The Story: In the bitter winter of 1847, from an Ireland torn by injustice and natural disaster, the Star of the Sea sets sail for New York. On board are hundreds of fleeing refugees. Among them are a maidservant with a devastating secret, bankrupt Lord Merridith and his family, an aspiring novelist and a maker of revolutionary ballads, all braving the Atlantic in search of a new home. Each is connected more deeply than they can possibly know.

From a Review: “I have also never wanted to read a book more than once. Until I first picked up The Star Of The Sea. I have read it four times now over the years and I know I will read it again and again. I love this book. Beautifully written. Exciting characters / plot. I get something new from it every time I read it. This book will last me my lifetime. Thank you Joseph O’Connor!”

Here is the opening paragraph where we meet Pius Mulvey:

“All night long he would walk the ship, from brow to stern, from dusk until quarterlight, that sticklike limping man from Connemara with the dropping shoulders and ash-coloured clothes.”

Joseph O’Connor is a prolific writer and has written many non-fiction books as well as novels. There is one called “Inside the Head of the Irish Male” which made me laugh out loud so often I was afraid to read it on the bus!

From “A Moveable Feast” by Hemingway

When I first read this book, I had never been to Paris; I was enchanted. I had read most of Hemingway and Scott Fitzgerald though, and I followed their adventures in Paris with delight. When I did eventually go to Paris, I found that some of the cafés mentioned in the book, were no longer in existence. But of course, I loved it anyway.

Has anyone seen the movie “Midnight in Paris”? It’s a Woody Allen movie and covers the same sort of territory. Any writer, or reader, would love it.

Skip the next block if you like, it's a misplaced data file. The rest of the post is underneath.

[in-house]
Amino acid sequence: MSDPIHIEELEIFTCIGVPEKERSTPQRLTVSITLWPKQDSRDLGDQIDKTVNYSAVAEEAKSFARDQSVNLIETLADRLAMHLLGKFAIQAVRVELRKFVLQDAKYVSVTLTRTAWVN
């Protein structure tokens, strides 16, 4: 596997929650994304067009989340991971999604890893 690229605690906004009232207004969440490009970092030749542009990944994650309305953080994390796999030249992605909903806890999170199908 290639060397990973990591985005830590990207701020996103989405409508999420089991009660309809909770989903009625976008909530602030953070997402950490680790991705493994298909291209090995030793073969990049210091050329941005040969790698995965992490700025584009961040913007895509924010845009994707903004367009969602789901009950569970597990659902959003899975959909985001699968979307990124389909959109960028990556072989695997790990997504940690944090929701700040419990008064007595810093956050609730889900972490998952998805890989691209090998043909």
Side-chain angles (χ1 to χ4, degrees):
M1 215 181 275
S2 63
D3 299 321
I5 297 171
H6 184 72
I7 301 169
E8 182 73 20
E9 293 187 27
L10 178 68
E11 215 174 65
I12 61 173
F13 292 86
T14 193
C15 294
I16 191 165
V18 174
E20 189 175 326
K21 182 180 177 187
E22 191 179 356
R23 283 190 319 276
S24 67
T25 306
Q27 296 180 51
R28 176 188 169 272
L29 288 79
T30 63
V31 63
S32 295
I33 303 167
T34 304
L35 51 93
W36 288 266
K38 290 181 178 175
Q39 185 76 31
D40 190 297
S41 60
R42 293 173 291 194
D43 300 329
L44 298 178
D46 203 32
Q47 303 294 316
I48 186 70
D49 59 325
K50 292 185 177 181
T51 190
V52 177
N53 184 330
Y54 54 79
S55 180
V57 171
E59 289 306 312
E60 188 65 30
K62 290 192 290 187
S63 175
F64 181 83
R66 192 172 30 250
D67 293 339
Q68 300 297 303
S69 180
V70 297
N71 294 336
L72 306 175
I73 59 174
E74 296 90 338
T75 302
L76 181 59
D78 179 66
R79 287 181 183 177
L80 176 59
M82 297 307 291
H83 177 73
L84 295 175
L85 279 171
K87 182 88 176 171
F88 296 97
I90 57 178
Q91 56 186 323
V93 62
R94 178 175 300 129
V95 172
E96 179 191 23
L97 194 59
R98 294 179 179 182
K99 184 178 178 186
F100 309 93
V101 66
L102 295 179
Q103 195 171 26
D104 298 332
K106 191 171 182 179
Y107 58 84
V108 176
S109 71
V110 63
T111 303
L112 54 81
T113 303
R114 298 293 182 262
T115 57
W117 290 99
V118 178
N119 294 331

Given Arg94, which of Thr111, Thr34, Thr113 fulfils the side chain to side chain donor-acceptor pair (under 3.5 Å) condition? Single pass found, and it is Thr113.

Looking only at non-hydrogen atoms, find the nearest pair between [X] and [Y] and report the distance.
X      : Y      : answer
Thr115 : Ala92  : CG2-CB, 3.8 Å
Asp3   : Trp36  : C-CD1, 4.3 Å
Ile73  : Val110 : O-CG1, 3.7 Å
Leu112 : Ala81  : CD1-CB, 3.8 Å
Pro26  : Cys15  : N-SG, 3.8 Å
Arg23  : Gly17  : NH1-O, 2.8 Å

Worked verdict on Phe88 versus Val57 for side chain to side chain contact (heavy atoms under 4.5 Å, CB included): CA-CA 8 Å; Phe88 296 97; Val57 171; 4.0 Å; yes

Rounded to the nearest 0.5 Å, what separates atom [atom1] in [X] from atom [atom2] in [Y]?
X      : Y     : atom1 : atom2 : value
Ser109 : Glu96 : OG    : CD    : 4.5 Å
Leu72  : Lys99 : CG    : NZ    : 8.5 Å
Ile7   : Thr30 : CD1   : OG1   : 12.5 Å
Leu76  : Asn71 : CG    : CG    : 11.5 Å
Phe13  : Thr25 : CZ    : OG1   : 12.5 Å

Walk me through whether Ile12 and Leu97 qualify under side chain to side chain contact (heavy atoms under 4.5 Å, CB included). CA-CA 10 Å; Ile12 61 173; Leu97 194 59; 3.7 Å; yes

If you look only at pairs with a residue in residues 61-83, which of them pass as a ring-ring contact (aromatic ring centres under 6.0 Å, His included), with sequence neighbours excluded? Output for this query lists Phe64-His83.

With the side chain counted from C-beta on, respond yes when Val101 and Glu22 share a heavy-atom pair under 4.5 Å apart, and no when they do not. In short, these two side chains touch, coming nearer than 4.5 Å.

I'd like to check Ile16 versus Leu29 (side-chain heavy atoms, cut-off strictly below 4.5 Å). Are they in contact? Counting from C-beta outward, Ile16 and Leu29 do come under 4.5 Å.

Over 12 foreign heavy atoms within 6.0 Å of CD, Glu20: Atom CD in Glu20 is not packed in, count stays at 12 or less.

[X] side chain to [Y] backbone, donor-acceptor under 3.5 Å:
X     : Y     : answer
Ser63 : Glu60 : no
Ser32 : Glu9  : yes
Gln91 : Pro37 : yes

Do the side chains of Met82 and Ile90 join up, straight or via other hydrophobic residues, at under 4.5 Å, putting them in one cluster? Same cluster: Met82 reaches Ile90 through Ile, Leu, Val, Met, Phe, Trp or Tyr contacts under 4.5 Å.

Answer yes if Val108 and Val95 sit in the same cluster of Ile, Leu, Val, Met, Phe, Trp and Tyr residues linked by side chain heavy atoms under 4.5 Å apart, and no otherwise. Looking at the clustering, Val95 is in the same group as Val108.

‘It now began to rain heavily and we took refuge in the next village at a café. I cannot remember all the details of that afternoon but when we were finally in a hotel at must have been Chalon-sur-Saone, it was so late that the drug stores were closed. Scott had undressed and gone to bed as soon as we reached the hotel. He did not mind dying of congestion of the lungs, he said. It was only the question of who was to look after Zelda and young Scotty. I did not see very well how I could look after them since I was having a healthily rough time looking after my wife, Hadley and young son Bumby, but I said I would do my best and Scott thanked me. I must see that Zelda did not drink and that Scotty should have an English governess.

We had sent our clothes to be dried and were in our pajamas. It was still raining outside but it was cheerful in the room with the electric light on. Scott was lying in bed to conserve his strength for his battle against the disease. I had taken his pulse, which was seventy-two, and had felt his forehead, which was cool. I had listened to his chest and had him breathe deeply, and his chest sounded all right.